Most people are familiar with the terms “pre-nuptial agreement” (often called a “pre-nup”) or “pre-martial agreement”. As the name suggests, “pre-marital agreements” are entered prior to marriage.
The purpose of such an agreement is (generally) for the parties to mutually declare their rights, agreements and understandings about how property, debt, income, etc… will be treated during the marriage and/or in the event of dissolution of the marriage. Many times the parties are essentially agreeing to “contract out” of certain provisions of community property law.
Arizona follows the Arizona Uniform Pre-Marital Agreement Act (hereinafter “AUPMAA”) which has been codified in A.R.S. §25-201 – A.R.S. §25-205.
A.R.S. §25-202 provides the circumstances under which a pre-nuptial agreement is enforceable or may not be enforceable as follows:
A. A premarital agreement must be in writing and signed by both parties. The agreement is enforceable without consideration.
B. The agreement becomes effective on marriage of the parties.
C. The agreement is not enforceable if the person against whom enforcement is sought proves either of the following:
1. The person did not execute the agreement voluntarily.
2. The agreement was unconscionable when it was executed and before execution of the agreement that person:
(a) Was not provided a fair and reasonable disclosure of the property or financial obligations of the other party.
(b) Did not voluntarily and expressly waive, in writing, any right to disclosure of the property or financial obligations of the other party beyond the disclosure provided.
(c) Did not have, or reasonably could not have had, an adequate knowledge of the property or financial obligations of the other party.
D. If a provision of a premarital agreement modifies or eliminates spousal support and that modification or elimination causes one party to the agreement to be eligible for support under a program of public assistance at the time of separation or marital dissolution, a court, notwithstanding the terms of the agreement, may require the other party to provide support to the extent necessary to avoid that eligibility.
E. An issue of unconscionability of a premarital agreement shall be decided by the court as a matter of law.
F. If a marriage is determined to be void, an agreement that would otherwise have been a premarital agreement is enforceable only to the extent necessary to avoid an inequitable result.
A.R.S. §25-203 provides for the types of issues which can be included in and governed by a valid pre-nuptial agreement as follows:
A. Parties to a premarital agreement may contract with respect to:
1. The rights and obligations of each of the parties in any of the property of either or both of them whenever and wherever acquired or located.
2. The right to buy, sell, use, transfer, exchange, abandon, lease, consume, expend, assign or create a security interest in, mortgage, encumber, dispose of or otherwise manage and control property.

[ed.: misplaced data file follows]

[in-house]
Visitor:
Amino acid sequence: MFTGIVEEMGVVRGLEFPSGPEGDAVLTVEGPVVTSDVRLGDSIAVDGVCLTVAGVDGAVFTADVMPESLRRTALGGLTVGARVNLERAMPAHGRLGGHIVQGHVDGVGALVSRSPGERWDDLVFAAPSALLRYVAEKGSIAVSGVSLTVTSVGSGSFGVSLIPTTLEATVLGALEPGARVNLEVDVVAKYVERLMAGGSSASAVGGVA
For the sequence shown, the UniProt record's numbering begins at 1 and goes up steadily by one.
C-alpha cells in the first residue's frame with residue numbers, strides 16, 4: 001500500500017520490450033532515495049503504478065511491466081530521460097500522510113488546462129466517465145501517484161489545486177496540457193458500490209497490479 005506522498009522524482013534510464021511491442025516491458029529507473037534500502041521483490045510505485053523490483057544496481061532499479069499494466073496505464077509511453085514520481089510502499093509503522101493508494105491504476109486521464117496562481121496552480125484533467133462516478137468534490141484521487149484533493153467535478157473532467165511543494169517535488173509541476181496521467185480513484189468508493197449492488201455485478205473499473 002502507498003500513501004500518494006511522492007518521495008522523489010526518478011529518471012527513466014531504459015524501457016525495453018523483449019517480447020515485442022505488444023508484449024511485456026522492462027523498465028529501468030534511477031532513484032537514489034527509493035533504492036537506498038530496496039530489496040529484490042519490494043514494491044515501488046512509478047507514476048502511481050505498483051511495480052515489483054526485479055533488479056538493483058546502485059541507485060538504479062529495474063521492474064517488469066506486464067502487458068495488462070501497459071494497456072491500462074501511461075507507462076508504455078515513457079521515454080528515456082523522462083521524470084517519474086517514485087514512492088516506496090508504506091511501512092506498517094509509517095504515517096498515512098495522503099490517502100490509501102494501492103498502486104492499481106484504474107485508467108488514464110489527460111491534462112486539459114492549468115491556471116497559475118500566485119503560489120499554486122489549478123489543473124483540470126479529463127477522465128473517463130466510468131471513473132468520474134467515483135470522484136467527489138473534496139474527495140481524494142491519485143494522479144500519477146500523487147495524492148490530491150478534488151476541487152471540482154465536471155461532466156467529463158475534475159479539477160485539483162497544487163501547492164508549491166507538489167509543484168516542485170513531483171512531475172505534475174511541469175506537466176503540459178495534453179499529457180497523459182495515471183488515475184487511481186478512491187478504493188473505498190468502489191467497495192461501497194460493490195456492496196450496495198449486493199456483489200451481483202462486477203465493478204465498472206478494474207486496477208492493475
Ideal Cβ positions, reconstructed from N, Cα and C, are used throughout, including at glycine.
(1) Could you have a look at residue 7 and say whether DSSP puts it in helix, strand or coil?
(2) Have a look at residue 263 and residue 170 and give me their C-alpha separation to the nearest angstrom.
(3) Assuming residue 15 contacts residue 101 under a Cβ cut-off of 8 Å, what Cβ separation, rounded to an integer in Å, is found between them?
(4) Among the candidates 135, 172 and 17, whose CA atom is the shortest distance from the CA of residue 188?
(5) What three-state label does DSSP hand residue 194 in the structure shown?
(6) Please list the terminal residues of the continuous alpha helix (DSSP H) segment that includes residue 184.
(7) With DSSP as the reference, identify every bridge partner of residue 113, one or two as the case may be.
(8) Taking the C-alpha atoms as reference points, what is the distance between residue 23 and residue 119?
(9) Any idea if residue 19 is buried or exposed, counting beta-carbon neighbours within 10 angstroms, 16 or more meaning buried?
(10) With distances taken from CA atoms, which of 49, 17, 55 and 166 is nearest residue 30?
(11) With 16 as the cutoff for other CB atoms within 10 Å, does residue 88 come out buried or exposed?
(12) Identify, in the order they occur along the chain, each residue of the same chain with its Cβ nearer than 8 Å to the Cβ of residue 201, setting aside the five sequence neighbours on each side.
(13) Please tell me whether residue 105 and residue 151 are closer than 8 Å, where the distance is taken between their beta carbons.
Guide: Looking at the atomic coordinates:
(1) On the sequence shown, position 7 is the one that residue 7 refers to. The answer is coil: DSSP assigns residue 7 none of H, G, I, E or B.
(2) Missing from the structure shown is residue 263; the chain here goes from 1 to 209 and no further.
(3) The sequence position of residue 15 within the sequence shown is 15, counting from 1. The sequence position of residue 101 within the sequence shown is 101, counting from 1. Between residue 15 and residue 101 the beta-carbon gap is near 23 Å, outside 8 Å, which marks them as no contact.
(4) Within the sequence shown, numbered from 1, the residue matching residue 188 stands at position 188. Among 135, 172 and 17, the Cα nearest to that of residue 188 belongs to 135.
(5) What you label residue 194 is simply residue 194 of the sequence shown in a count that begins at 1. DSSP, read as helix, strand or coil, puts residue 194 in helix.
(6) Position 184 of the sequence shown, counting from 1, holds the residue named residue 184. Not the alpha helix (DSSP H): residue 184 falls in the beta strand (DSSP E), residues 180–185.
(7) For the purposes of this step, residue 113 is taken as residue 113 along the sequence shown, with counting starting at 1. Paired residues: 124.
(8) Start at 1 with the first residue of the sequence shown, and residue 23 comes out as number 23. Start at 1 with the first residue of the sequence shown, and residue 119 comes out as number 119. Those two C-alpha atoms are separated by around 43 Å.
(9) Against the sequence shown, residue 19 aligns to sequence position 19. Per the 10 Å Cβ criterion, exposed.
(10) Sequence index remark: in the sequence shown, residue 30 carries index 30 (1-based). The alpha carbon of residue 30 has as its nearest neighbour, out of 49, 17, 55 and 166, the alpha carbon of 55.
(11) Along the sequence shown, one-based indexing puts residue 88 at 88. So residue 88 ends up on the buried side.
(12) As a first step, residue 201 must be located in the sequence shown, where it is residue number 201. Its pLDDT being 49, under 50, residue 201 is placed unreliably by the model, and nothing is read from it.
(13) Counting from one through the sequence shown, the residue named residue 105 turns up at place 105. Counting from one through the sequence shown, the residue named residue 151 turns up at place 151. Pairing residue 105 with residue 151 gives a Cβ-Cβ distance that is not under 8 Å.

3. The disposition of property on separation, marital dissolution, death or the occurrence or nonoccurrence of any other event.
4. The modification or elimination of spousal support.
5. The making of a will, trust or other arrangement to carry out the provisions of the agreement.
6. The ownership rights in and disposition of the death benefit from a life insurance policy.
7. The choice of law governing the construction of the agreement.
8. Any other matter, including their personal rights and obligations, not in violation of public policy or a statute imposing a criminal penalty.
B. The right of a child to support may not be adversely affected by a premarital agreement.
A.R.S. §25-204 specifies how a valid pre-nuptial agreement can be amended or modified as follows:
After marriage, a premarital agreement may be amended or revoked only by a written agreement signed by the parties. The amended agreement or the revocation is enforceable without consideration.
Pre-nuptial agreements are complex legal documents that should only be prepared by a licensed attorney familiar with preparing such agreements and who is also familiar with the requirements and restrictions of the AUPMAA. In addition to the statutory requirements there is also a substantial amount of case-law relevant to interpretation of the terms of pre-nuptial agreements (in the event of a dissolution or legal separation).
Pre-nuptial agreements are of significant value to anyone contemplating marriage. They are not only for “wealthy” individuals. A valid pre-nuptial agreement can potentially save both parties tens of thousands of dollars in attorney fees in the event of dissolution of the marriage or legal separation. More importantly, a valid and well prepared pre-nuptial agreement can be of immense value in protecting separate property assets and income.
This answer is for informational purposes only. It is not intended, nor should it be construed as legal advice. No attorney-client relationship shall exist unless and until an agreement for legal services is reached between attorney and client, and a legal services contract is fully executed by and between attorney and client.